bring poetry into everyday life

There’s a lot of great poetry out there. But you don’t necessarily see it much. The first step is to find some great poems — poems that aren’t too long, poems you could recite in front of children, poems that would make someone else smile, or think about something important, or just say “mmm” in a satisfied kind of way.

Old poetry can feel a little, well, old. But just because some of the words are a little… vintage… doesn’t mean you can’t understand it. Learn the words and phrases, and you’ll be able to share that knowledge with others. After all, the only way anyone learns a word is by seeing or hearing someone else use it. Once you understand the words, you can say them with confidence.

Commit the poem to memory. There’s something special about knowing words so well you can recite them on demand. You can do it. Just break everything down line by line and go over it on repeat until you’ve got it.

This is the fun part. You’ve discovered a great poem. You’ve understood what all the words mean. You’ve memorized it. Now you’re ready to share it with the people you run into in everyday life. People recite life stories. People recite jokes. You can recite a poem. But when you recite it, make it come alive. Perform it.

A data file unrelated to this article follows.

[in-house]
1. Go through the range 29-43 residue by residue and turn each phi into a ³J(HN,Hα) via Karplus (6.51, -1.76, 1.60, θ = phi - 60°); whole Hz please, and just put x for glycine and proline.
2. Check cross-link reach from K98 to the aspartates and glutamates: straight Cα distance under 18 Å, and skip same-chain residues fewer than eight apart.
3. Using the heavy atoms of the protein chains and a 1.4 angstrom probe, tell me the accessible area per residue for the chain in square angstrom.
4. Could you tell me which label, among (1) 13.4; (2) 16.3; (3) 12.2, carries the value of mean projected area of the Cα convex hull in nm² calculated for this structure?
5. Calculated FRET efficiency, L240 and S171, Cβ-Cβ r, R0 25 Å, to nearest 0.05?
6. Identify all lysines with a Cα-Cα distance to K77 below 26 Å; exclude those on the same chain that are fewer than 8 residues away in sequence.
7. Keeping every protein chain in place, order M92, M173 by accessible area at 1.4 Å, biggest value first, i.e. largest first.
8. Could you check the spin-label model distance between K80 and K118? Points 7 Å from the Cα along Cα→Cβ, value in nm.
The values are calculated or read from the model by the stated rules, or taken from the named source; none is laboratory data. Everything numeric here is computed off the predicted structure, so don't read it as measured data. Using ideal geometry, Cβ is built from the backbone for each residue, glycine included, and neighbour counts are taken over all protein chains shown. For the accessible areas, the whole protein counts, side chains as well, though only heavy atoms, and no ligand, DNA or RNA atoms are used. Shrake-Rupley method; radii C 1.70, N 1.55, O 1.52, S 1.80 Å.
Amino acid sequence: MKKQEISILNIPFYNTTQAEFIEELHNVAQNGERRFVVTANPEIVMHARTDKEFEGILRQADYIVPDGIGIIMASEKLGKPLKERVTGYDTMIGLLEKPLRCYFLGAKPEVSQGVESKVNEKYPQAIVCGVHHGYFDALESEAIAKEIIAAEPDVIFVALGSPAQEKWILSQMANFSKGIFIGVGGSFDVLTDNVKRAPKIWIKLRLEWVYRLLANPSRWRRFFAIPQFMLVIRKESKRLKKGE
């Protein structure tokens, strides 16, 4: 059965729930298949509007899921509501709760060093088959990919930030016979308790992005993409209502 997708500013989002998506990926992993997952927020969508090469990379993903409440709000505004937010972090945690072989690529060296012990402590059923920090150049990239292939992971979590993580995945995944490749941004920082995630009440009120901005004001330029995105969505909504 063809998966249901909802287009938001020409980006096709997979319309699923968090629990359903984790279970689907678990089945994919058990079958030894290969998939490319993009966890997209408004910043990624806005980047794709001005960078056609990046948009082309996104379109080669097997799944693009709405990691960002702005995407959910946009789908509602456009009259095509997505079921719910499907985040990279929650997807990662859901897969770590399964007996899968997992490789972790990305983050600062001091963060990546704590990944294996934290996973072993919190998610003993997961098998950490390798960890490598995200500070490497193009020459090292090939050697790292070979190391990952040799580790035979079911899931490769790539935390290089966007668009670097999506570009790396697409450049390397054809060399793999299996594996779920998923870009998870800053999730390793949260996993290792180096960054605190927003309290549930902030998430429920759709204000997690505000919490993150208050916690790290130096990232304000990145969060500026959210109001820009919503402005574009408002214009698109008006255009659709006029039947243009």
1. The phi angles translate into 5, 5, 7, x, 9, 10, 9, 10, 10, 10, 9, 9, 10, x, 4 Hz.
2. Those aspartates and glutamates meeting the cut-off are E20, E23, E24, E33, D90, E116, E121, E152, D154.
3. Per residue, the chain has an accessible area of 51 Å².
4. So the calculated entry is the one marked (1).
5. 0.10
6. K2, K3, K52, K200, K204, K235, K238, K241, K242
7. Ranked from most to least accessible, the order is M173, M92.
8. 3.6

Poetry for the Everyday


You like poetry. Or you wish you did — you like the idea of poetry. But isn’t poetry just for nerds, for stuffy academics poring over line-numbered texts to dig up weird insights? Or isn’t it just one of those things artsy people nod their heads to while swirling wine in a skinny glass?

Nope. Poetry is for you. It’s for your family and your friends too, for your second cousin at the reunion, for your coworker, for the middle-aged mom who’s been sitting near you in the waiting room for two hours.

And poetry is for hearing. Sure, it’s fun to see quirky line breaks and words going backward as they trickle down the page of a thin university press volume, but try reading it out loud and you’ll realize a lot of poetry these days is meant to be seen and not heard. That’s fine, but who’s seeing it? Spoken poetry will reach people who wouldn’t pick up a book of it.

So let’s turn back the clock a little, and dip into an era when rhyme and rhythm made music in the ear, not just on the page. Plus those old goodies are in the public domain now. So they’re yours too.

You can bring the verse. I’ll help show you the way.

Professional photo of Joshua Bowers Eno

Joshua Bowers Eno

Writer, Poet & General Logophile

Words have fascinated me as long as I can remember. When I was six, I memorized a somewhat complex paragraph (for a six-year-old) from a children’s book about trains — not because I tried but because I liked the way the words went together (and I liked trains). Many moments since have confirmed the value of beautiful words — even more so when they convey beautiful ideas. And since words are a human thing, and humans are everyday people, the words belong to all of us. They are the gold that can glisten on all our moments. I find tremendous value in poetry as an expression of incarnation: the lowly learning to receive the supreme. I’m glad to have you along for the journey.

“I have loved the stars too truly to be fearful of the night.”

from “The Old Astronomer” by Sarah Williams

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